There had been a time when, in the young pathos of things, he would shut his eyes that the sunset might not wound him so sore; now, as he rode homeward into the fronting sunset, he felt nothing, cared for nothing, only ached with a dull aching through body and soul.  He was still kind to his fellows, but the glow of the kindness had vanished, and truest thanks hardly waked the slightest thrill.

He very seldom saw Wingfold now, and less than ever was inclined toward his doctrine; for had it not been through him this misery had come upon him?  Had he not, with the confidence of all the sciences, uttered the merest dreams as eternal truths?  How could poor Juliet help supposing he knew the things he asserted, and taking them for facts?  The human heart was the one unreasonable thing, sighing ever after that which is not!  Sprung from nothing, it yet desired a creator! ­at least some hearts did so:  his did not; he knew better!

There was of course no reason in this.  Was the thing not a fact which she had confessed? was he not a worshiper of fact? did he not even dignify it with the name of truth? and could he wish his wife had kept the miserable fact to herself, leaving him to his fools’-paradise of ignorance?  Why then should he feel resentment against the man whose teaching had only compelled her to confess it? ­But the thing was out of the realm of science and its logic.

Sometimes he grew fierce, and determined to face every possible agony, endure all, and dominate his misery; but ever and anon it returned with its own disabling sickness, bringing the sense of the unendurable.  Of his own motion he saw nobody except in his practice.  He studied hard, even to weariness and faintness, contrived strange experiments, and caught, he believed, curious peeps into the house of life.  Upon them he founded theories as wild as they were daring, and hob-nobbed with death and corruption.  But life is at the will of the Maker, and misery can not kill it.  By degrees a little composure returned, and the old keen look began to revive.  But there were wrinkles on the forehead that had hitherto been smooth as ivory; furrows, the dry water-courses of sorrow, appeared on his cheeks, and a few silvery threads glinted in his hair.  His step was heavy, and his voice had lost its ring ­the cheer was out of it.  He no more obtruded his opinions, for, as I have said, he shrunk from all interchange, but he held to them as firmly as ever.  He was not to be driven from the truth by suffering!  But there was a certain strange movement in his spirit of which he took no note ­a feeling of resentment, as if against a God that yet did not exist, for making upon him the experiment whether he might not, by oppression, be driven to believe in Him.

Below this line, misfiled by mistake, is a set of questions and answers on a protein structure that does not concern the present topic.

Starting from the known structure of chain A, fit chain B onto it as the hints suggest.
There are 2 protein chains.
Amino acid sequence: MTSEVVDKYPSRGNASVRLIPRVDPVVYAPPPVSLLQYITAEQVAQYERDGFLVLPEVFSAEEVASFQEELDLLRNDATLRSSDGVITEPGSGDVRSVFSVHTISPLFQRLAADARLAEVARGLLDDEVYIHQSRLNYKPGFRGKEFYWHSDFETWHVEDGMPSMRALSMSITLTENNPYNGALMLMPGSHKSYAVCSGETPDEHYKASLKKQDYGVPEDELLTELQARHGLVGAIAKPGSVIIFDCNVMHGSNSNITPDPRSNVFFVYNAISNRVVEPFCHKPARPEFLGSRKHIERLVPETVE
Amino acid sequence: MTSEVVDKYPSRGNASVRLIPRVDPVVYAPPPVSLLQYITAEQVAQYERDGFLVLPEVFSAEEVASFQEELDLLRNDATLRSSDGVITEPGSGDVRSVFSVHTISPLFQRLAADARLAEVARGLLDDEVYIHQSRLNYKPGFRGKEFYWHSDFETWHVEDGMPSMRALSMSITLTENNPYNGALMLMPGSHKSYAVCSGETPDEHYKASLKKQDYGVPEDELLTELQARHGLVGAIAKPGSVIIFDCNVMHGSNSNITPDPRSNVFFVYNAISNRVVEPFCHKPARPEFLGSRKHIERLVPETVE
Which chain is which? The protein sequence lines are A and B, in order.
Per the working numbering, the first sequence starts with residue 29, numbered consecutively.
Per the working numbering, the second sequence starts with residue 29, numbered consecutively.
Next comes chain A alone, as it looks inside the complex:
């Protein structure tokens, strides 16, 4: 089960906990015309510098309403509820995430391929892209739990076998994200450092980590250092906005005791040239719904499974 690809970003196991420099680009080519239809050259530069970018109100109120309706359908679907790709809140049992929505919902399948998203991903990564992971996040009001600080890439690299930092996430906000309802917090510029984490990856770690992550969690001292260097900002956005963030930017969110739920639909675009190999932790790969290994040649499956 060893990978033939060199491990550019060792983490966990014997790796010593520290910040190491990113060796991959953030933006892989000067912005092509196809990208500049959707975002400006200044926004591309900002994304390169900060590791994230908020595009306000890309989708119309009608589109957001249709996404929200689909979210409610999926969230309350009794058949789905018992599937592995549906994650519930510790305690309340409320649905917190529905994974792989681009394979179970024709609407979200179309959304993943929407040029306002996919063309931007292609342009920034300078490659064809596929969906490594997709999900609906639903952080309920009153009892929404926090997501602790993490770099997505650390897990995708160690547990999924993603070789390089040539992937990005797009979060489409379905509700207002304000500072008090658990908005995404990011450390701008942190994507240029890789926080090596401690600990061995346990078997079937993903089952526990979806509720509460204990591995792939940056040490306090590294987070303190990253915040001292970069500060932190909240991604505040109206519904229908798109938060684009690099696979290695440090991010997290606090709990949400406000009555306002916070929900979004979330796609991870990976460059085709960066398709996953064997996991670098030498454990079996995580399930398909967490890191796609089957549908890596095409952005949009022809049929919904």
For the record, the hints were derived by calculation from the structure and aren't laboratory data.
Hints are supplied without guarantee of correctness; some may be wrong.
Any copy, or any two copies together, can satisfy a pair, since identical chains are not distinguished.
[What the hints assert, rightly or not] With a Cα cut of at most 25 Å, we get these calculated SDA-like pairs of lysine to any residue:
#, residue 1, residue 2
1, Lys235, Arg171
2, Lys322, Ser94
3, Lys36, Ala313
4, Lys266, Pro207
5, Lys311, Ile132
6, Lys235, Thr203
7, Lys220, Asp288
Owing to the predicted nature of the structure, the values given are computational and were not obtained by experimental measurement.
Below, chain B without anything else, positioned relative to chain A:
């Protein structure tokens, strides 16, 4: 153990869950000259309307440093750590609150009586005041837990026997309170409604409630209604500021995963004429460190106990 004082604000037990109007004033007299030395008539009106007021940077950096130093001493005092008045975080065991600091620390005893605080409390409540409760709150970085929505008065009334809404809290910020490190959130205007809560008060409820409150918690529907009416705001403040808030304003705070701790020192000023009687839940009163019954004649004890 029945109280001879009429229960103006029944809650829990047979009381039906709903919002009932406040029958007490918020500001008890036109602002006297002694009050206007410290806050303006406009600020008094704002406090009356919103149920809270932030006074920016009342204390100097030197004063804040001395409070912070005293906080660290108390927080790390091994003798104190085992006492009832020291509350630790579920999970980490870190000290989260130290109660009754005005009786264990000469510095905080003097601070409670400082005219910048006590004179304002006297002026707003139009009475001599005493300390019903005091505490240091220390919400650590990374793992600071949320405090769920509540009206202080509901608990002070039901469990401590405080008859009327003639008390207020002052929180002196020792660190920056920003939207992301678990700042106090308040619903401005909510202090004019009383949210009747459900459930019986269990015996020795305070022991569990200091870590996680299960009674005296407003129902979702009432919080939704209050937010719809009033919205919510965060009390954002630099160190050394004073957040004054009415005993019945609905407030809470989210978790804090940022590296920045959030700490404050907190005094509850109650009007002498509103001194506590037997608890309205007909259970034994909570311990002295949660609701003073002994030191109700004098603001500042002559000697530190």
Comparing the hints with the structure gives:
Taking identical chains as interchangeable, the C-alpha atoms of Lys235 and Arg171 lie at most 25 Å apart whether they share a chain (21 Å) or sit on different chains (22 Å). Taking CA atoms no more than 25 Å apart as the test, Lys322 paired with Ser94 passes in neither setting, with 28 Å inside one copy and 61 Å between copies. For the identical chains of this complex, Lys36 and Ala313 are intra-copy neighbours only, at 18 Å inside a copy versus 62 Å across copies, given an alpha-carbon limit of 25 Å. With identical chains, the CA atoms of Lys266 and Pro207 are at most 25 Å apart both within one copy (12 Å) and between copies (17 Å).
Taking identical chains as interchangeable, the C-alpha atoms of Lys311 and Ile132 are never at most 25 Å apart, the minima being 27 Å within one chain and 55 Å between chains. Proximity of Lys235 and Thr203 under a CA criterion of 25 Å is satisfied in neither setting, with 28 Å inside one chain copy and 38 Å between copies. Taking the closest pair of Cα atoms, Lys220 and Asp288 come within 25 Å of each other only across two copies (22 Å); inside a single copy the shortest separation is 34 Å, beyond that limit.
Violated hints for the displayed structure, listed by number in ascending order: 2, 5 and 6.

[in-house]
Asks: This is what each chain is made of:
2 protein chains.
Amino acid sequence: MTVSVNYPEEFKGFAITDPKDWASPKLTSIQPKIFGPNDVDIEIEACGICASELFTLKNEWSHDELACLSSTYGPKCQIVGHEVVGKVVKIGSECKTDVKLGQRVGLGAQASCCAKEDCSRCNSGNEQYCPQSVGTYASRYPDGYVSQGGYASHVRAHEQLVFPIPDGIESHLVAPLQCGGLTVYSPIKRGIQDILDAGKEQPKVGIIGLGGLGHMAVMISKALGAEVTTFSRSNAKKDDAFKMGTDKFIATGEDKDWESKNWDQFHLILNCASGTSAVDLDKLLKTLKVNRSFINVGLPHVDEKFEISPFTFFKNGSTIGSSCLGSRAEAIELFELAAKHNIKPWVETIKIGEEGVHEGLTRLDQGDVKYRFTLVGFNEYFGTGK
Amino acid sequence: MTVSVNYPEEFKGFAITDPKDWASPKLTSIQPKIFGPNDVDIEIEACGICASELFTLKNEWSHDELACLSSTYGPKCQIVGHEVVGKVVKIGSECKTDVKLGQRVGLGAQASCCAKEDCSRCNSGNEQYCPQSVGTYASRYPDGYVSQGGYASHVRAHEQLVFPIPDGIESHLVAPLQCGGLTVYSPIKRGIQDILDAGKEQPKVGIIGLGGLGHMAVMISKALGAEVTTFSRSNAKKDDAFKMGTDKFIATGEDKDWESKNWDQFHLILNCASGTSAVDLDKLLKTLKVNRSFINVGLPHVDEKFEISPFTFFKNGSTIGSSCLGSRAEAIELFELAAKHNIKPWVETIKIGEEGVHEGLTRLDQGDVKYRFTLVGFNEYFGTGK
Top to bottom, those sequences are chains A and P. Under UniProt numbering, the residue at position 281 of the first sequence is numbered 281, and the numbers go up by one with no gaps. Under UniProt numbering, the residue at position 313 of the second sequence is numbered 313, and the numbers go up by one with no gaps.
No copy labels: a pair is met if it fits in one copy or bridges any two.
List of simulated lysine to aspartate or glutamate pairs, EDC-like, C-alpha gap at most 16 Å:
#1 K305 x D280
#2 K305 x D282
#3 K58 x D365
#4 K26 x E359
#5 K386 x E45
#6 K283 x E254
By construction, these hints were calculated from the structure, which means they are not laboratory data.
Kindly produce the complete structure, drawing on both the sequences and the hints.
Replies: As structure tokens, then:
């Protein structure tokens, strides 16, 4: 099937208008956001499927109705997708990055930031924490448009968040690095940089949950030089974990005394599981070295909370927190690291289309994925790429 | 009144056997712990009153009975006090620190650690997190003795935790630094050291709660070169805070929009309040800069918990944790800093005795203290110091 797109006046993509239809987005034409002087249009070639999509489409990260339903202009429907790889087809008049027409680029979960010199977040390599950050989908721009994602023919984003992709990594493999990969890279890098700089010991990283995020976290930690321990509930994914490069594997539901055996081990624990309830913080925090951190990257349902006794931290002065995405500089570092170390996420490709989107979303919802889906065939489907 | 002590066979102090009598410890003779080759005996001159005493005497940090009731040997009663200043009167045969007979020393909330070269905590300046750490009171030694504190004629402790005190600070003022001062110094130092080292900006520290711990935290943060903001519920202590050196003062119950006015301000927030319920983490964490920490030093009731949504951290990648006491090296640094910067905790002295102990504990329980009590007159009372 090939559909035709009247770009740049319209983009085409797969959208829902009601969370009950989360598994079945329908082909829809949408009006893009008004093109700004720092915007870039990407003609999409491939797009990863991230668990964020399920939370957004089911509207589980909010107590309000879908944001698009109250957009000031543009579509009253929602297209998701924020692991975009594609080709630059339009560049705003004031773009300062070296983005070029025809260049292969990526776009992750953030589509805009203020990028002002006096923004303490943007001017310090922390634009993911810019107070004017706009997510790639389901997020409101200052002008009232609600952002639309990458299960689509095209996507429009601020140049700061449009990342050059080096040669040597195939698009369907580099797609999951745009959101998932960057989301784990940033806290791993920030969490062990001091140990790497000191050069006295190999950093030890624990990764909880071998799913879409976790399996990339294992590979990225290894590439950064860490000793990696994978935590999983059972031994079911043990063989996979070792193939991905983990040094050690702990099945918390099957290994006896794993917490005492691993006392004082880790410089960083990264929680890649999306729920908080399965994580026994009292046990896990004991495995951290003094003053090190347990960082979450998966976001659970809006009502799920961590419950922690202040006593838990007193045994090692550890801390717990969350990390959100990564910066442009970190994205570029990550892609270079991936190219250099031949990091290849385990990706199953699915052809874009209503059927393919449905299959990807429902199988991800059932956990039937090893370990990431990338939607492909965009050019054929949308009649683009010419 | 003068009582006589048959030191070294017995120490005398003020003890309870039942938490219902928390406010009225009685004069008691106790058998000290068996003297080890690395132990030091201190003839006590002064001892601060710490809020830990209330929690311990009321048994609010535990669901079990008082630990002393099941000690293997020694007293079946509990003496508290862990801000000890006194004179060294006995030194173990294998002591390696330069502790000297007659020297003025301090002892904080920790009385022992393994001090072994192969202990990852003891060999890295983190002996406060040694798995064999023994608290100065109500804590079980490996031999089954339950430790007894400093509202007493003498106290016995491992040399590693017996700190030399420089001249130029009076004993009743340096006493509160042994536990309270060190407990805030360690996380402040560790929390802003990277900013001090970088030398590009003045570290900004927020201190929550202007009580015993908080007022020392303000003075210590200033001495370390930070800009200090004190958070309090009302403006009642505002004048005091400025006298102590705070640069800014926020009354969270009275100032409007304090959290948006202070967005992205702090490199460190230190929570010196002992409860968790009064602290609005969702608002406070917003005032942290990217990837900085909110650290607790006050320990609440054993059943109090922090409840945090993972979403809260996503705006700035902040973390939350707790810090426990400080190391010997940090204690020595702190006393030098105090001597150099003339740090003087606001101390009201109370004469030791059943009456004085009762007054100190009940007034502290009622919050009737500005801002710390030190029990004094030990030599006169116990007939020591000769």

When Dorothy knew of his return, and his ways began to show that he intended living just as before his marriage, the time seemed come for telling Juliet of the accident and his recovery from the effects of it.  She went into violent hysterics, and the moment she could speak, blamed Dorothy bitterly for not having told her before.

“It is all your lying religion!” she said.

“Your behavior, Juliet,” answered Dorothy, putting on the matron, and speaking with authority, “shows plainly how right I was.  You were not to be trusted, and I knew it.  Had I told you, you would have rushed to him, and been anything but welcome.  He would not even have known you; and you would have been two on the doctor’s hands.  You would have made everything public, and when your husband came to himself, would probably have been the death of him after all.”

“He may have begun to think more kindly of me by that time,” said Juliet, humbled a little.